• Bruce M Warrington

    I must say I find this "singling out Israel" claim tiresome. I don't seem to recall a similar demand for Bush, Blair, Howard, etc. to "balance" their criticisms of Saddam's regime; nor has there ever been a concern that anti-Palestinian criticism be "balanced" with denunciation of the occupation.It is also worth remembering that, while anyone can criticise acts they have no hope of controlling or influencing, true moral courage requires a focus on one's own actions; a point Chomsky repeatedly makes. Israel is part of the West, and receives huge amounts of military aid, especially from the US. It is thus far more susceptible to our pressure than a hostile Arab regime like Saddam's. Consequently, it is a greater moral imperative for Westerners to stop Israeli abuses than Arab ones (and even more imperative of course to stop abuses by our own governments).

  • Antony Loewenstein

    Israel and the other Arab states are very different, in terms of US aid received, running an illegal occupation etc.I denounce human rights abuses in the Arab world (god knows why that makes pro-Israelites feel better). This blog talks constantly about a lack of press freedom in the region.Israel calls itself a democracy. For Jews, it certainly is. For others, less so. Why do supporters of Israel feel so uncomfortable with the true facts of Israeli oppression? Oh, I forgot, Jews can't commit oppression, that's only for the Arabs…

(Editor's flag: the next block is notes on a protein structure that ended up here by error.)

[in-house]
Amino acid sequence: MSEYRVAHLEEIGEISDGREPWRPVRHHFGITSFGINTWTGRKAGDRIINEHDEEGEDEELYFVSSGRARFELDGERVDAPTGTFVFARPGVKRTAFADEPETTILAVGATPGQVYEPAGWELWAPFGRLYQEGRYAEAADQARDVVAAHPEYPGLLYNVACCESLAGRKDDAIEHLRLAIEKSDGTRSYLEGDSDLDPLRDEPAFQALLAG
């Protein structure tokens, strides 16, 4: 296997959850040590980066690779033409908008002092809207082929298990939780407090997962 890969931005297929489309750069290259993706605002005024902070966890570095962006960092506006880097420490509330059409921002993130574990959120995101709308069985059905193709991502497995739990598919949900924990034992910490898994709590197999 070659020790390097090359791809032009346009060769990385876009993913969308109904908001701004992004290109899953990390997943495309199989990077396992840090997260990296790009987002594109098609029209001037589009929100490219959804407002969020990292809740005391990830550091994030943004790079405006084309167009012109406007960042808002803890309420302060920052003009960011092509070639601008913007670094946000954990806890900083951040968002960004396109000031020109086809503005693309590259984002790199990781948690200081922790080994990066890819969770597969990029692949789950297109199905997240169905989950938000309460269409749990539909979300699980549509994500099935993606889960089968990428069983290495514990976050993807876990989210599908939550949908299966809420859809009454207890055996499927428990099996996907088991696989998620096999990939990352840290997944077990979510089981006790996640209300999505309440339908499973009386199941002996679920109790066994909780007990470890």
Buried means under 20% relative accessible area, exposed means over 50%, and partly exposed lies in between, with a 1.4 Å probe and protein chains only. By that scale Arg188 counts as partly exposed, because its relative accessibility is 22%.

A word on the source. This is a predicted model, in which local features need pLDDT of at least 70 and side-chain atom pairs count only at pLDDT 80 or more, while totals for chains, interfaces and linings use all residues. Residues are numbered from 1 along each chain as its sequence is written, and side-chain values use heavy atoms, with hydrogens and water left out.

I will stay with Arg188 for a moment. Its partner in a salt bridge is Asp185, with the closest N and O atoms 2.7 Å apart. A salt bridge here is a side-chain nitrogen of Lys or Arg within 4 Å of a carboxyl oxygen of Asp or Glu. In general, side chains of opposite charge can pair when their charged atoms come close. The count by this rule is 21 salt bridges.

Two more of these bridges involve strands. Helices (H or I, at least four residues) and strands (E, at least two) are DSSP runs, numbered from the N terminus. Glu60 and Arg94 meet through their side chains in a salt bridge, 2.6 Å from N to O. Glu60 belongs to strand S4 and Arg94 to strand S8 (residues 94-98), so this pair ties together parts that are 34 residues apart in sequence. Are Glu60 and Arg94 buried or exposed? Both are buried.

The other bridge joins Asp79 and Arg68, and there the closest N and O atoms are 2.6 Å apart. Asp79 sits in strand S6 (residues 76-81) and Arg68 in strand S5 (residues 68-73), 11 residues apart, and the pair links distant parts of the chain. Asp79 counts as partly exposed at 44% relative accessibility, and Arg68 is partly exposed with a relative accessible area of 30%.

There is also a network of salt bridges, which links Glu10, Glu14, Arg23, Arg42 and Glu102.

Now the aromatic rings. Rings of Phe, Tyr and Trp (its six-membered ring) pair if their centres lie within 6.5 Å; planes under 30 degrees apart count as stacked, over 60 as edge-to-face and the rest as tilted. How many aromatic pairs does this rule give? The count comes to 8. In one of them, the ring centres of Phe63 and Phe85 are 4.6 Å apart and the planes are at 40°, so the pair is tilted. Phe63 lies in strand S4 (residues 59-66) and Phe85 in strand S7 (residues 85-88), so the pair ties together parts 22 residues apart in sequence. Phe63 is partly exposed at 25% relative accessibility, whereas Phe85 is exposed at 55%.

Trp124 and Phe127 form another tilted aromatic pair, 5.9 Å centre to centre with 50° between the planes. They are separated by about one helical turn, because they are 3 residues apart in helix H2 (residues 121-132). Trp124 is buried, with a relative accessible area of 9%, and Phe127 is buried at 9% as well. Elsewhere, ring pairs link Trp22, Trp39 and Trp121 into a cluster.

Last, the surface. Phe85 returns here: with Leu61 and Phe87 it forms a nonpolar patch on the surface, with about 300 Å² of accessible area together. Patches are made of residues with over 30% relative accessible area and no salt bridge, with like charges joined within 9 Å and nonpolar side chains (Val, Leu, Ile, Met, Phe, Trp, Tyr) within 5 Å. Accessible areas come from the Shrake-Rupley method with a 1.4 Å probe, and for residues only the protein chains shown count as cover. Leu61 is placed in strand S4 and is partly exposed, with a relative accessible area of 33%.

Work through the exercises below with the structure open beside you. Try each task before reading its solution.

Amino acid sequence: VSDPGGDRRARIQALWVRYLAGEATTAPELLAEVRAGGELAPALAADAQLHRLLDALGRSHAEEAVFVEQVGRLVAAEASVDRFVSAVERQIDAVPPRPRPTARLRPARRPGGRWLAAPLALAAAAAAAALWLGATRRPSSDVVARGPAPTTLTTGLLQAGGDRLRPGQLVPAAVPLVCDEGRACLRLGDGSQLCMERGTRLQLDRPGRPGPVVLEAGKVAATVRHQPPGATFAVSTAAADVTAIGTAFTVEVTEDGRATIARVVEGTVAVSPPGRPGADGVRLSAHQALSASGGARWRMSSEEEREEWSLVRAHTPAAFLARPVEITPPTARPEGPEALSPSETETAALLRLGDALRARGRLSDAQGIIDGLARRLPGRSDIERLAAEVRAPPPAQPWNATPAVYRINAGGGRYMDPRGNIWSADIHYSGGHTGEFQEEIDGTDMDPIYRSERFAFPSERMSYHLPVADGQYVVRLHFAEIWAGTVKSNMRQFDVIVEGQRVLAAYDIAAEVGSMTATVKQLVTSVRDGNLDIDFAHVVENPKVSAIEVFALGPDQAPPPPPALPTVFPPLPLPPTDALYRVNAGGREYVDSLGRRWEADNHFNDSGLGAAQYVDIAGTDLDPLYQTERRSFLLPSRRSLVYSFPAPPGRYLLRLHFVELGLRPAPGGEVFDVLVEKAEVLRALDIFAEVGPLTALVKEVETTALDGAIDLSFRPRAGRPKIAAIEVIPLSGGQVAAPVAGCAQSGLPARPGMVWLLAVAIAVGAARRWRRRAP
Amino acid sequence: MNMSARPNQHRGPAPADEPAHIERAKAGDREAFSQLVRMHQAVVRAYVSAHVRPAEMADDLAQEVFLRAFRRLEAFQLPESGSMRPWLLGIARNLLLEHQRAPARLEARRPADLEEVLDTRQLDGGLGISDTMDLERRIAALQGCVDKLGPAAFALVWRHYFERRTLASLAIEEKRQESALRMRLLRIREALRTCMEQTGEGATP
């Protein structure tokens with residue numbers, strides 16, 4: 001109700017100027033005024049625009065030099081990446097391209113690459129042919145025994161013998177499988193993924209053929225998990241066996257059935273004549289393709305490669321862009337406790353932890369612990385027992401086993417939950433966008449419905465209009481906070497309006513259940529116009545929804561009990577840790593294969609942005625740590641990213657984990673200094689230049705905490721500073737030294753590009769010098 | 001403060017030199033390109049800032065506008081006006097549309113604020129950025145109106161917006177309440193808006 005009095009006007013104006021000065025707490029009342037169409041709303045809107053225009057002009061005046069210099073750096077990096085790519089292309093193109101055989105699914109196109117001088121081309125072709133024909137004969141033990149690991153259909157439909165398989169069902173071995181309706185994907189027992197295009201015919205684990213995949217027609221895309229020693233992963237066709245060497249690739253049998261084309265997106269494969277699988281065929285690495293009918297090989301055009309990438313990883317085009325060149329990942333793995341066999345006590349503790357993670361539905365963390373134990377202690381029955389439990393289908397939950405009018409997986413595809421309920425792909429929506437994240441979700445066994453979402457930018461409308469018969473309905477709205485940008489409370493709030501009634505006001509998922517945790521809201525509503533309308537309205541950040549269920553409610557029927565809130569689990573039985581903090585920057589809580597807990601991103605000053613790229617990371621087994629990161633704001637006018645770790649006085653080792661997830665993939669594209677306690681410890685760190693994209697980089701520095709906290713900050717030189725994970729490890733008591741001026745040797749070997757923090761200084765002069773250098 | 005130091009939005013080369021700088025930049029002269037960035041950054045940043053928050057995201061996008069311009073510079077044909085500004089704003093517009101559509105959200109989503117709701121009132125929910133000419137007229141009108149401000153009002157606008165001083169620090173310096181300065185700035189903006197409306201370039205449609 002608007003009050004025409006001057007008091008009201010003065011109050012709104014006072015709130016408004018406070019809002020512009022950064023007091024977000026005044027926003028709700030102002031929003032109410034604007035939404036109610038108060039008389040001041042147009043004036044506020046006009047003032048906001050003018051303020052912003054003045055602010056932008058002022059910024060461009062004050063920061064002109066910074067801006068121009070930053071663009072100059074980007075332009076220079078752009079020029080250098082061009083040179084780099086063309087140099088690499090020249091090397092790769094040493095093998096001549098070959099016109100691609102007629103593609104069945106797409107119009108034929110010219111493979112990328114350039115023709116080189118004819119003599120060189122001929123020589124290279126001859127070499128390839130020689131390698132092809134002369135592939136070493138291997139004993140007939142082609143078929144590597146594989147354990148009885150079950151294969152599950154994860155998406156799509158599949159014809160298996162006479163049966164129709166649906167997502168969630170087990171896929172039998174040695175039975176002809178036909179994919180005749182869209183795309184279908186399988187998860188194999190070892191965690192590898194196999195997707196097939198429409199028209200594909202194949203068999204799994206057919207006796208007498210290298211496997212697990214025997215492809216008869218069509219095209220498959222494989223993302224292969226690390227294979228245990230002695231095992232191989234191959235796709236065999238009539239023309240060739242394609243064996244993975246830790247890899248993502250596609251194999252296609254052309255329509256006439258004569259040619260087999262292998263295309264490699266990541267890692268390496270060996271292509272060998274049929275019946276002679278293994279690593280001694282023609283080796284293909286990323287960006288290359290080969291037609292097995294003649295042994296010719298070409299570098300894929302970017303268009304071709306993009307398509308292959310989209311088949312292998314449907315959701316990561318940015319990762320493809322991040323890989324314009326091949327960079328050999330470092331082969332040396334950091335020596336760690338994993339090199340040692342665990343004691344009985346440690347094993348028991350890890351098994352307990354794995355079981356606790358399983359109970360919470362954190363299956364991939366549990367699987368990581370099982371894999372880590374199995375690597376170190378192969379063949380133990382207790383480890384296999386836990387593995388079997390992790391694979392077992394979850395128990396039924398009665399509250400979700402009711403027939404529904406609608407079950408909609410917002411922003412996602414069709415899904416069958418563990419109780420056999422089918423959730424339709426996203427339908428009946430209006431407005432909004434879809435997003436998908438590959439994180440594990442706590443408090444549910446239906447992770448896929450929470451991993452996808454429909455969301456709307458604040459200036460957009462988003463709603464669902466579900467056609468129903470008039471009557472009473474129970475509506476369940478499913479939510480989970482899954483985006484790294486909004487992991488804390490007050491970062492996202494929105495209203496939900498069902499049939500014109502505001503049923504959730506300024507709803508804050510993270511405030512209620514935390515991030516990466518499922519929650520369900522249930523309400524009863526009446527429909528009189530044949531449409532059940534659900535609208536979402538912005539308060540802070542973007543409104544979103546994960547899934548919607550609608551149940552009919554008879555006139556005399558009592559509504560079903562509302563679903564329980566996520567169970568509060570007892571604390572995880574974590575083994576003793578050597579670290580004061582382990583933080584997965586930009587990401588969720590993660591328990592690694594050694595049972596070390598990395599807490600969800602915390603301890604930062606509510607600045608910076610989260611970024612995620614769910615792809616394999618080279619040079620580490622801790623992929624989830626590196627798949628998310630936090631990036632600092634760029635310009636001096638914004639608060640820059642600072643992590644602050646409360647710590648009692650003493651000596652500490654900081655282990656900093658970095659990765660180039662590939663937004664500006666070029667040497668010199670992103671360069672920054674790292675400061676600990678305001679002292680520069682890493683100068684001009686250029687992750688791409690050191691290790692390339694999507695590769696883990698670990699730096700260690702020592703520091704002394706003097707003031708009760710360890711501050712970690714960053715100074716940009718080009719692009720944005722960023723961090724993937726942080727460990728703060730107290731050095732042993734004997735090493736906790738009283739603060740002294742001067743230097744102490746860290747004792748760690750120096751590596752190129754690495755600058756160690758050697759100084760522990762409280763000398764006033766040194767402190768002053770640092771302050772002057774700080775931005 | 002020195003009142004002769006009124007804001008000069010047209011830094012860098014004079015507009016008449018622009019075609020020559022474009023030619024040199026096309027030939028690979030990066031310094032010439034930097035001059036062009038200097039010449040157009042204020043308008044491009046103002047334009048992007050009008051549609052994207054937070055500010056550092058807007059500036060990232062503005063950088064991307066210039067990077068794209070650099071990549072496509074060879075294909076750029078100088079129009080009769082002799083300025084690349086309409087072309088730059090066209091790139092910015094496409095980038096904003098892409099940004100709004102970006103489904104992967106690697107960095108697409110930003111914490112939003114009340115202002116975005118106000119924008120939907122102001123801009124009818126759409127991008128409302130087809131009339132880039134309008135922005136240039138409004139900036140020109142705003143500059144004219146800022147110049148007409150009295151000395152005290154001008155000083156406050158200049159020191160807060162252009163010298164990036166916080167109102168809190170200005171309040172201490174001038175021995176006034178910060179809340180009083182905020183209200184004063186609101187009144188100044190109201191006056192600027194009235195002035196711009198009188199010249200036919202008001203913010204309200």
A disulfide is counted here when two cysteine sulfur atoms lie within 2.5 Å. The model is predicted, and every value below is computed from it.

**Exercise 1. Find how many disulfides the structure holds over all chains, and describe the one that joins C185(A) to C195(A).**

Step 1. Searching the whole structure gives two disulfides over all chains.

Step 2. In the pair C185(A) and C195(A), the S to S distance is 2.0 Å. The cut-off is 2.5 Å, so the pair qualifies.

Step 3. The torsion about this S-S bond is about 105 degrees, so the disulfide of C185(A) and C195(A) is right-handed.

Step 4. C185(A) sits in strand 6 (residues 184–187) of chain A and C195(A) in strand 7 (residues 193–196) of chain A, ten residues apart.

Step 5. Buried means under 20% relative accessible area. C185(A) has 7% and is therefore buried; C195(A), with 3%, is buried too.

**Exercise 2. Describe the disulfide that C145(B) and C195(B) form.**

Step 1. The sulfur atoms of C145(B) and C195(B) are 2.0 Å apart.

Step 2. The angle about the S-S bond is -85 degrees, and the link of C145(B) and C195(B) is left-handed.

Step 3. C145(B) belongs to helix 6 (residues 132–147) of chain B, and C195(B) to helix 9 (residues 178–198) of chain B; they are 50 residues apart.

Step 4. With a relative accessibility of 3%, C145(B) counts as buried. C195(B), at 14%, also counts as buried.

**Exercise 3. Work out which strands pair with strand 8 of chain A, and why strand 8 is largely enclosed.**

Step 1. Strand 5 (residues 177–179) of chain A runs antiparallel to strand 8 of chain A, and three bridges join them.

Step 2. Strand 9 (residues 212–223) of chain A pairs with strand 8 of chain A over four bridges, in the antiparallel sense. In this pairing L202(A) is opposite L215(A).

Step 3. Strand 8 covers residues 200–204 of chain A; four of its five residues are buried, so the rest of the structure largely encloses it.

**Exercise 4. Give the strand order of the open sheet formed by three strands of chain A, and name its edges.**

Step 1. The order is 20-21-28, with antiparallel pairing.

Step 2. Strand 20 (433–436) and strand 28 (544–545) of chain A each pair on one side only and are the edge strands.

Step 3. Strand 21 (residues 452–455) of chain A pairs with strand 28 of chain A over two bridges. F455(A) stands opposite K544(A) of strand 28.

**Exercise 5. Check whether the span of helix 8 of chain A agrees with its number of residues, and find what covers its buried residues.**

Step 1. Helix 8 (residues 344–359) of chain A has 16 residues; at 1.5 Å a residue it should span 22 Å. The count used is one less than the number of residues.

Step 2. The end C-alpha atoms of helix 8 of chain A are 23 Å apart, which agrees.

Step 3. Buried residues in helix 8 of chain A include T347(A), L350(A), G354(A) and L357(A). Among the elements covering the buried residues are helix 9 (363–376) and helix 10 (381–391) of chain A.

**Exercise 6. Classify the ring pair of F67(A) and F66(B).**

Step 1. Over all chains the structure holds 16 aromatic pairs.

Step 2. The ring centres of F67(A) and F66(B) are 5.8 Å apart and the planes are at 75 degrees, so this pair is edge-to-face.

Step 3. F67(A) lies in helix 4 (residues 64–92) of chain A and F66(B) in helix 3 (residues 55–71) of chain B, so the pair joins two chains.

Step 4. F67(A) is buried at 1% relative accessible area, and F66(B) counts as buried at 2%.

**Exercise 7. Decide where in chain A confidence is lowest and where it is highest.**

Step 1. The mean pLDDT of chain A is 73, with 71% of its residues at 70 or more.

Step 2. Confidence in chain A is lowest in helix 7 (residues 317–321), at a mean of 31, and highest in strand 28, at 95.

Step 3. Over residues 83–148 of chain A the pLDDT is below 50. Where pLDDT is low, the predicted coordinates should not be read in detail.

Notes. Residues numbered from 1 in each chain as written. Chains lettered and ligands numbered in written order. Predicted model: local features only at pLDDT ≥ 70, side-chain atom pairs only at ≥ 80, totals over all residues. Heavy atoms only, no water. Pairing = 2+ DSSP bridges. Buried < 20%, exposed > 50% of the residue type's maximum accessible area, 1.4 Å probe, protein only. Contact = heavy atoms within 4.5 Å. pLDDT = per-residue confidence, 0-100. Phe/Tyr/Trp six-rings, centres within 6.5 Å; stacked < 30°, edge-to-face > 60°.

• Jenny Cockburn

    Your comments and put-downs do nothing but stifle debate in a time when it should be encouraged. Rather than deal with facts you see the situations as purely black and white. In this regard you are as bad as G.W. Bush when he said "You're either with us, or you're with the terrorists."You think you can get away with calling books like "The Case for Israel" dillusional? How about actually coming up with a counterpoint to some of his arguments then.People as ignorantly blinded as yourself will never be part of the solution. You breed hatered through ignorance to further your own career.You should be ashamed of yourself.